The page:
Yet the rule lacks any rational justification for removing the waste pile safeguards established in the 2015 coal ash rule. In fact, it directly contradicts the findings that EPA made when it developed that rule.

The proposal allows waste piles of substantial size to remain in place for significant periods of time without meeting any meaningful control standards to prevent harmful releases of coal ash to air, water, and soil. The rule would not require that waste be removed from the pile according to any set timetable. As long as the waste is eventually removed, even if that occurs years or even decades in the future, the rule would consider the pile to be “temporary storage” with no size limits, monitoring requirements, siting restrictions, or any other specific enforceable pollution control requirements.

This is absurd and renders the concept of a temporary waste pile meaningless. It is patently insufficient to prevent the reasonable probability of adverse effects on health and the environment. What’s more, the required demonstration of temporariness – by providing a record documenting that the waste in the pile will eventually be removed – provides no certainty and can be easily evaded by the regulated industry.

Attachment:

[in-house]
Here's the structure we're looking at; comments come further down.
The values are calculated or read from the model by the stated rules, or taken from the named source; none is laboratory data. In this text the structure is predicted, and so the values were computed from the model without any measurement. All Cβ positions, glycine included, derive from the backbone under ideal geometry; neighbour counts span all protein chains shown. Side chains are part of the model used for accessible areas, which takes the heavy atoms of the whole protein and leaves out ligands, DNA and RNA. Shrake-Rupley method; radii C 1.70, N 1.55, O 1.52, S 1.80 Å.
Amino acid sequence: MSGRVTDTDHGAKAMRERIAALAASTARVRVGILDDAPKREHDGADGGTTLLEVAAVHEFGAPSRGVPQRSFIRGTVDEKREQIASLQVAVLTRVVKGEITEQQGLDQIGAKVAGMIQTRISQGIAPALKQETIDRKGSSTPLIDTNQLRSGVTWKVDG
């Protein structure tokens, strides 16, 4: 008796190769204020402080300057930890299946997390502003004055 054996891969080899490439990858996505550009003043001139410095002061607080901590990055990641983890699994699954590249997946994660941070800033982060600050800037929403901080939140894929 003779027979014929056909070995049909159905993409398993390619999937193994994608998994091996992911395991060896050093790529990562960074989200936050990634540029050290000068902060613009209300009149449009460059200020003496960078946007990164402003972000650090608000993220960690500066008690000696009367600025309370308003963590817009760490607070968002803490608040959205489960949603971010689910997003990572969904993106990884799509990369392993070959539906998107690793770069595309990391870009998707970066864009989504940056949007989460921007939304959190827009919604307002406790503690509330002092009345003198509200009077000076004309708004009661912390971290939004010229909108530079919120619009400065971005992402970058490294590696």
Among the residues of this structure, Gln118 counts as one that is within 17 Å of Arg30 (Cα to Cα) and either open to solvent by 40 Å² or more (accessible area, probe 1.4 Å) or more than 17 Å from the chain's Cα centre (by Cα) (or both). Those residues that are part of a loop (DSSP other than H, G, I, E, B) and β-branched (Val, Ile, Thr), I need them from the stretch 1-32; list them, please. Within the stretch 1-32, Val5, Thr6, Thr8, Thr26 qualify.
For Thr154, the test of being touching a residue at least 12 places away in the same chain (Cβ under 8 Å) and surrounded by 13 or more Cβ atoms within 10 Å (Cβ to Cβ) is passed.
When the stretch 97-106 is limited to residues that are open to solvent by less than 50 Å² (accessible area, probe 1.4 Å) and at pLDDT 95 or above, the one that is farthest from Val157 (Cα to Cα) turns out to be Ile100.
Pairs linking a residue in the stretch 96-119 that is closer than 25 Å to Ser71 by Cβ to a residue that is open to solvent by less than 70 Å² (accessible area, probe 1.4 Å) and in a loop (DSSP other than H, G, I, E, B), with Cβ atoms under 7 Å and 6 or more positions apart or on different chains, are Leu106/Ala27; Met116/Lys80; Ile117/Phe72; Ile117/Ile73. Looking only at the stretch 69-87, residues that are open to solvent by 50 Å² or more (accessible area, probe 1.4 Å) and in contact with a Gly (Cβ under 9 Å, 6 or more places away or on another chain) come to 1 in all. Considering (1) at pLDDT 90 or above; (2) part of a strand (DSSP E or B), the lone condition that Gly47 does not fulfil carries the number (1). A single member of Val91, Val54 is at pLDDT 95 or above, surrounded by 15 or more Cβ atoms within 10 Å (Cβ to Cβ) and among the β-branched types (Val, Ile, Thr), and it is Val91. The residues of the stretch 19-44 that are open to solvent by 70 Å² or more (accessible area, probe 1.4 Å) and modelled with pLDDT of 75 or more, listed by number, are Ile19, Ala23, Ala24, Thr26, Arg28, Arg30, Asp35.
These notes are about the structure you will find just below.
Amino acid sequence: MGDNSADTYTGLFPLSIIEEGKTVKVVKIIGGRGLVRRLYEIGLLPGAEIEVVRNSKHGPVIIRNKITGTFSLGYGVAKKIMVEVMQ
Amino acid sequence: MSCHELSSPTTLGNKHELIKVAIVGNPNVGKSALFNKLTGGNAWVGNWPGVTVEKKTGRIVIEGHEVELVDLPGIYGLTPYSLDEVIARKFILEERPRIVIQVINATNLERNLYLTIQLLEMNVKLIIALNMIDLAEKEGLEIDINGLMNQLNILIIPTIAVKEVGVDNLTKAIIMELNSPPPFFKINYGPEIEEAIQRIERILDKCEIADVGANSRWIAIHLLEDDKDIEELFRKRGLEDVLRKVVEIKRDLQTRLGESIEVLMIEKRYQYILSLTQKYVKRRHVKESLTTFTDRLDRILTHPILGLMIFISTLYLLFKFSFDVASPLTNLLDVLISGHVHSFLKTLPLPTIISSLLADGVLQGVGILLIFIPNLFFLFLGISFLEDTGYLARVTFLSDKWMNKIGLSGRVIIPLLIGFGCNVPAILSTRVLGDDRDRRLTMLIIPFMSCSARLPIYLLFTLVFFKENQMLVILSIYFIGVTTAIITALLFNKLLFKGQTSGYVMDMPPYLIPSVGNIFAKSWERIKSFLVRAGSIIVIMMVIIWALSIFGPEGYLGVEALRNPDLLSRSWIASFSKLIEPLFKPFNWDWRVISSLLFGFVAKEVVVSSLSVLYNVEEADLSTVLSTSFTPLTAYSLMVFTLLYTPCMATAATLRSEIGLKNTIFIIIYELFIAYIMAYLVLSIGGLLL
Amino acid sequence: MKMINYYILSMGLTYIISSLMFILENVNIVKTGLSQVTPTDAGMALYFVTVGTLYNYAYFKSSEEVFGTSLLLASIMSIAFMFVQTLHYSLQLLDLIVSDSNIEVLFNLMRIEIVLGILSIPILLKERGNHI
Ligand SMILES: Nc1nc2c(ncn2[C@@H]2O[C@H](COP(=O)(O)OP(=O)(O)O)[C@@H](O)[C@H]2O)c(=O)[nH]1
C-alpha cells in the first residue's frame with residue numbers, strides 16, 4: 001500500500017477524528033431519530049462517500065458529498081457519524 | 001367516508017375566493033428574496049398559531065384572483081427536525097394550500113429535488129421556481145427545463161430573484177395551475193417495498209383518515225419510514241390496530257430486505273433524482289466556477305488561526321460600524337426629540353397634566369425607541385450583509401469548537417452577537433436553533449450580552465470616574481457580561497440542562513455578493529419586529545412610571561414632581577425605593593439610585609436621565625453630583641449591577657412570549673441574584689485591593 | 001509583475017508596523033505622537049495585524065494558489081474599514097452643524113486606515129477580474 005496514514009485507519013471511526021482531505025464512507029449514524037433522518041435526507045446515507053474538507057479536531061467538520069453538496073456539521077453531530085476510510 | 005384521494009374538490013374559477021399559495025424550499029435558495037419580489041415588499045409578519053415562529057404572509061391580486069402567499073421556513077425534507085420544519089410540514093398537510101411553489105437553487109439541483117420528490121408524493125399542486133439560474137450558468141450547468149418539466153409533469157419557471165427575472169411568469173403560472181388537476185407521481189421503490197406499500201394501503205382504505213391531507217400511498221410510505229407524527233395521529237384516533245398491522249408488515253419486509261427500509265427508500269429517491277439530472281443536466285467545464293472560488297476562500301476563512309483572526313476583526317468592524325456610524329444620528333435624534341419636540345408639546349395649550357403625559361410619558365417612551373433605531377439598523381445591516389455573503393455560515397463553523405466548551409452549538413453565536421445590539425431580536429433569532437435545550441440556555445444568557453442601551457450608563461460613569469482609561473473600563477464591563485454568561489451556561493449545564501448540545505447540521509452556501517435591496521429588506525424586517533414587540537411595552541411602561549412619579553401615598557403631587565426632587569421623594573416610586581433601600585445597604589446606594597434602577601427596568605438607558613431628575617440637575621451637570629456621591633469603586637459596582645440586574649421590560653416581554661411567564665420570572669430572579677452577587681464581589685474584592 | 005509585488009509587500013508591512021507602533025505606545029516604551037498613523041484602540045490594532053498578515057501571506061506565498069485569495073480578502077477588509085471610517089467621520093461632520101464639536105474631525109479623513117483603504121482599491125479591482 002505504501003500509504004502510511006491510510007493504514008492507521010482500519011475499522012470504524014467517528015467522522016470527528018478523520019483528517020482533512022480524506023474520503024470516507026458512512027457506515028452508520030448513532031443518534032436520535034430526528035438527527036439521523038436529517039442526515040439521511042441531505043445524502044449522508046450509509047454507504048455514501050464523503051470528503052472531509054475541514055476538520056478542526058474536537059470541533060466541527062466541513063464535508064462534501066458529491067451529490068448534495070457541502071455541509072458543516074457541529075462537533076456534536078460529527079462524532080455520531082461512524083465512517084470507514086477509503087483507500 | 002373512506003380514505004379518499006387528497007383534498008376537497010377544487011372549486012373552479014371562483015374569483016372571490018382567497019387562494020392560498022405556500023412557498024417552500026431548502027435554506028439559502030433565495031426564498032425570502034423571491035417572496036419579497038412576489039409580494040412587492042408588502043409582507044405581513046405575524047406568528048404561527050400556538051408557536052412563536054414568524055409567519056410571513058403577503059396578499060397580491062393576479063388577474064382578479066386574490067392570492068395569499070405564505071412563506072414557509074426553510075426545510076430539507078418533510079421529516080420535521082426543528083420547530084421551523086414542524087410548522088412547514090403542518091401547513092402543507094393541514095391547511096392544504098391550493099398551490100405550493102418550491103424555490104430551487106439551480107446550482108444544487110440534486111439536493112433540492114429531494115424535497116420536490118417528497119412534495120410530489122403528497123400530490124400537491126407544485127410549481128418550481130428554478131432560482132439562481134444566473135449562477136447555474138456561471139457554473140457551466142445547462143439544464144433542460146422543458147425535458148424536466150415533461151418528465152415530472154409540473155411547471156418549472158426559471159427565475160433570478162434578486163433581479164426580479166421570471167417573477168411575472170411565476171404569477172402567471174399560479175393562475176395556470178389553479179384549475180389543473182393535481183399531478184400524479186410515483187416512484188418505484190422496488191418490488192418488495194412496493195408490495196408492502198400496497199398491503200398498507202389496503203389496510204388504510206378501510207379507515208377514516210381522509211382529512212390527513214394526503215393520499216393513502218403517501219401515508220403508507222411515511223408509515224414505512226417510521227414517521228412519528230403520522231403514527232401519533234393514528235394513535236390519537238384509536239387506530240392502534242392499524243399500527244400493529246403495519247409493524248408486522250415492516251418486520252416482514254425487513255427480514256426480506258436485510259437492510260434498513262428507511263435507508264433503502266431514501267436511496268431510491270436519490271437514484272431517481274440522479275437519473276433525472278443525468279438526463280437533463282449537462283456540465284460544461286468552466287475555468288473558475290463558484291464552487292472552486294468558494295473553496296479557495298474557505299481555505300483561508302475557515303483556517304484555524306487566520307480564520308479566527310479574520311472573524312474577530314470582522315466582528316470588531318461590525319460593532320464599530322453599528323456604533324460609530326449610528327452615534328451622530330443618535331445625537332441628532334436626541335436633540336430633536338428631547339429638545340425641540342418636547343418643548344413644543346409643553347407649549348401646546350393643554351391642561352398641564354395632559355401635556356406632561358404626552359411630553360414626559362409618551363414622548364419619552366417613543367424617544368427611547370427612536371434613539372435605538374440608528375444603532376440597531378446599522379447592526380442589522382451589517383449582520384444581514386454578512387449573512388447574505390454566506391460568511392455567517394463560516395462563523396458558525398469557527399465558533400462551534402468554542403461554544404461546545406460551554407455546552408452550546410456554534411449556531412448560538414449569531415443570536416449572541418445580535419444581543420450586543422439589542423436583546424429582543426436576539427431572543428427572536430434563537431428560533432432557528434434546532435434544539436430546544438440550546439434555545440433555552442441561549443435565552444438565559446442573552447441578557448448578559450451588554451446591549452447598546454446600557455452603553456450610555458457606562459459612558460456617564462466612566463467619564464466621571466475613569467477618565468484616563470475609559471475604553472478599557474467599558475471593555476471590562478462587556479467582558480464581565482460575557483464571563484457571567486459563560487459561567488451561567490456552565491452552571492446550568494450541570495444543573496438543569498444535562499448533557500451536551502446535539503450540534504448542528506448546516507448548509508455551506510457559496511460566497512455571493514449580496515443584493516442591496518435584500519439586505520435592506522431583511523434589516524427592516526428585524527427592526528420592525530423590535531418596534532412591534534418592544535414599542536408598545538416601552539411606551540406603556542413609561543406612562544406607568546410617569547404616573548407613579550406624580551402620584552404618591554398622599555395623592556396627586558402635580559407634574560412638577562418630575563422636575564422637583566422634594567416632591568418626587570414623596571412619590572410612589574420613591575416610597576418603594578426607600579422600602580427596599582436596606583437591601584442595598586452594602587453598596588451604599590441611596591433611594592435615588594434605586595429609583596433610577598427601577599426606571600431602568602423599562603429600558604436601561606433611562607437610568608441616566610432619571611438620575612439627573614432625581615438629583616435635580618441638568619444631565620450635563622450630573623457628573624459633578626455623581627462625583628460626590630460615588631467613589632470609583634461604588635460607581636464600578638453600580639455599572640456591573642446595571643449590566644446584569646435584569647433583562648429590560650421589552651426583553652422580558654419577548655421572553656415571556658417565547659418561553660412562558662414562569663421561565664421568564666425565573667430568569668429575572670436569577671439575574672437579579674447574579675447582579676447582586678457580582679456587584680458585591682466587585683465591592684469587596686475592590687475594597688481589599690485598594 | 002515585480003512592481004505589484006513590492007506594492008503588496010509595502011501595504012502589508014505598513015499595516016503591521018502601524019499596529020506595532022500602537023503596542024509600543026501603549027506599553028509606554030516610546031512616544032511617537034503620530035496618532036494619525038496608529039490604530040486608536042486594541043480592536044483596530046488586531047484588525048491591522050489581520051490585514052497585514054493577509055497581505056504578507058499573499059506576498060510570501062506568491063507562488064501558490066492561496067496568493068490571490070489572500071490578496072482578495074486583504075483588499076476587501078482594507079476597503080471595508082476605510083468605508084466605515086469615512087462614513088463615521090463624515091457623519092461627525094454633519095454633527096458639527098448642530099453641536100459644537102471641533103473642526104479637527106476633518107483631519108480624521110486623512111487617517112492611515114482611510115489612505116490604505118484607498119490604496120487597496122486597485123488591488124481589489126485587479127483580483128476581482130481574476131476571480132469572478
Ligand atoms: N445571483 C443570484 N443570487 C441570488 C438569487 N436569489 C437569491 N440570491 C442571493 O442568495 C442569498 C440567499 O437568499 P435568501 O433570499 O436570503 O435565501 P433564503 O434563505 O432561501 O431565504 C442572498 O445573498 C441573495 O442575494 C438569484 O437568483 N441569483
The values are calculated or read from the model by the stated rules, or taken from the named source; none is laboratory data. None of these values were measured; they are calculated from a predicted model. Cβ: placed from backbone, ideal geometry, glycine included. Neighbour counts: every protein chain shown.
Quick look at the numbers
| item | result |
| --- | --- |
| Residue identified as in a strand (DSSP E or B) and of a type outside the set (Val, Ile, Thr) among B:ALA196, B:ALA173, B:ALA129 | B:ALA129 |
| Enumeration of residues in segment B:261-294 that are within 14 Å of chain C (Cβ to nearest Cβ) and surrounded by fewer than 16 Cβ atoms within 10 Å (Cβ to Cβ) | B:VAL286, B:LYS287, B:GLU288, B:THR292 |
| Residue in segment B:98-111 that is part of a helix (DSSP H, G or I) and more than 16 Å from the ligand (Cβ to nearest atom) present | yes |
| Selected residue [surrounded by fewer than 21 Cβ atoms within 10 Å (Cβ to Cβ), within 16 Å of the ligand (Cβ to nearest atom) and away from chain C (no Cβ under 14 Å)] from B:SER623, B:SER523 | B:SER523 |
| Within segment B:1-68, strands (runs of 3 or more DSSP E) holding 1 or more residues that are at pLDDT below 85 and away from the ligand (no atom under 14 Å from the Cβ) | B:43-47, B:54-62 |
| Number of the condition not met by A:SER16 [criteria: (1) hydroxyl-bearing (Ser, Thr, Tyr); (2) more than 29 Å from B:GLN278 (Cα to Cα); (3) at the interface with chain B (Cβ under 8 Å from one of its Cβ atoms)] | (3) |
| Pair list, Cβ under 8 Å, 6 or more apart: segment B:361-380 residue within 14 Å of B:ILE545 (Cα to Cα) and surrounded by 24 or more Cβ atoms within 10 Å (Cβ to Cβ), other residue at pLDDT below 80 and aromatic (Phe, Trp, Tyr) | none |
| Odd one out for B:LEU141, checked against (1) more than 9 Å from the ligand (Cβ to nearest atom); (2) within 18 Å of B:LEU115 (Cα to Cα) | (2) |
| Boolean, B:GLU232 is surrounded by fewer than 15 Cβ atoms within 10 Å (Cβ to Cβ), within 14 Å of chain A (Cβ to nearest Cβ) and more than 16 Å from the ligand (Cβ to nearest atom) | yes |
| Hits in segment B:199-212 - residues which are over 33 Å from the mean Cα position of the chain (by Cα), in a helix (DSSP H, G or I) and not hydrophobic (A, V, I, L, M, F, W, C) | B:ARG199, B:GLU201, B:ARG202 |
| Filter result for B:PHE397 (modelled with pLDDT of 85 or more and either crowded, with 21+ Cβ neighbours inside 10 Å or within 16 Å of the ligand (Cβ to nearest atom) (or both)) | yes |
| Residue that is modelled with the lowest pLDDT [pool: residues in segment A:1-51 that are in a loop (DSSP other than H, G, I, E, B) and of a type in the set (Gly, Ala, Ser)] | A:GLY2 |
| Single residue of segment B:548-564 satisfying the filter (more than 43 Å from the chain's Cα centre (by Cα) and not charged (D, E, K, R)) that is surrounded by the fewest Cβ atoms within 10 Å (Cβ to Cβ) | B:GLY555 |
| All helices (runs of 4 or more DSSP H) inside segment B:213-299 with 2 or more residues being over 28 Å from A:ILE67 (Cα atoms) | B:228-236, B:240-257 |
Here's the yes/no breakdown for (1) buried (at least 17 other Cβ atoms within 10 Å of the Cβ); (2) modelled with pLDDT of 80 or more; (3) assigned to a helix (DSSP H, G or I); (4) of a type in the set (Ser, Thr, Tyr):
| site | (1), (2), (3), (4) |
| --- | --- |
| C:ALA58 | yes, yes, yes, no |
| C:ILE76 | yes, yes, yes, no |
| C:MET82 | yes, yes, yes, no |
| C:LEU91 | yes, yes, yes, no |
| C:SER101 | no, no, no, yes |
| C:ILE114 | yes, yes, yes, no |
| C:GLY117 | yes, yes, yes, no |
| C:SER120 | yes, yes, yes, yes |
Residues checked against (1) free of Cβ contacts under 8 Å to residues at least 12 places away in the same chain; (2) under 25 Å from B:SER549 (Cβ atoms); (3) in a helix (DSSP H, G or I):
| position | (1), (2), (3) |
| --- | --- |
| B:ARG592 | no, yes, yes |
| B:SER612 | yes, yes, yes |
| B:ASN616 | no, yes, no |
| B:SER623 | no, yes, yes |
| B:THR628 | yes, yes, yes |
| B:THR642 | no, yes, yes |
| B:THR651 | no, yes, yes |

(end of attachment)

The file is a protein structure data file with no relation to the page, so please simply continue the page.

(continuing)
EPA should continue to require that waste piles meet the same safeguards as permanent landfills. At the very least, the rules should require that waste piles be cleared at a minimum of every six months in order to be considered temporary. The agency should also require submission of shipment records. The volume of the pile should be limited, and the waste should be contained in a silo to protect the health of workers and nearby communities.

As for coal ash reuse projects, ash placed on land as so-called “beneficial use” has caused serious harm to human health and the environment. The proposal to weaken restrictions on this practice ignores copious record evidence of damage from reuse sites, including Superfund sites in Indiana, Virginia, and other locations across the country.

In 2014, EPA found in its risk assessment that the risk of damage from coal ash reuse projects is related to the volume of ash. Yet this proposed rule would remove the mass-based numerical threshold triggering the requirement for large reuse projects to demonstrate environmental safety. This makes no sense. The rule should maintain a mass-based threshold of no more than 5,000 tons.

The proposed rule is also unjustified in failing to prohibit unlined deposits of coal ash in inherently dangerous areas. A wealth of evidence, including monitoring data generated pursuant to the 2015 rule, indicates that unlined deposits of ash can leach toxic substances into groundwater.

Coal ash should not be placed into the environment at all, but if it is, EPA must adopt more stringent locational criteria regarding the placement of coal ash, including distance from the uppermost aquifer and proximity to unstable areas, floodplains, and seismic impact zones. Placement at those sites must be prohibited if those stringent criteria are not met.

In conclusion, we urge the agency not to carry out these dangerous rollbacks of critical health and environmental safeguards. The current rule proposal is a naked giveaway to the polluting industry that ignores the safety of our families and communities.

Thank you.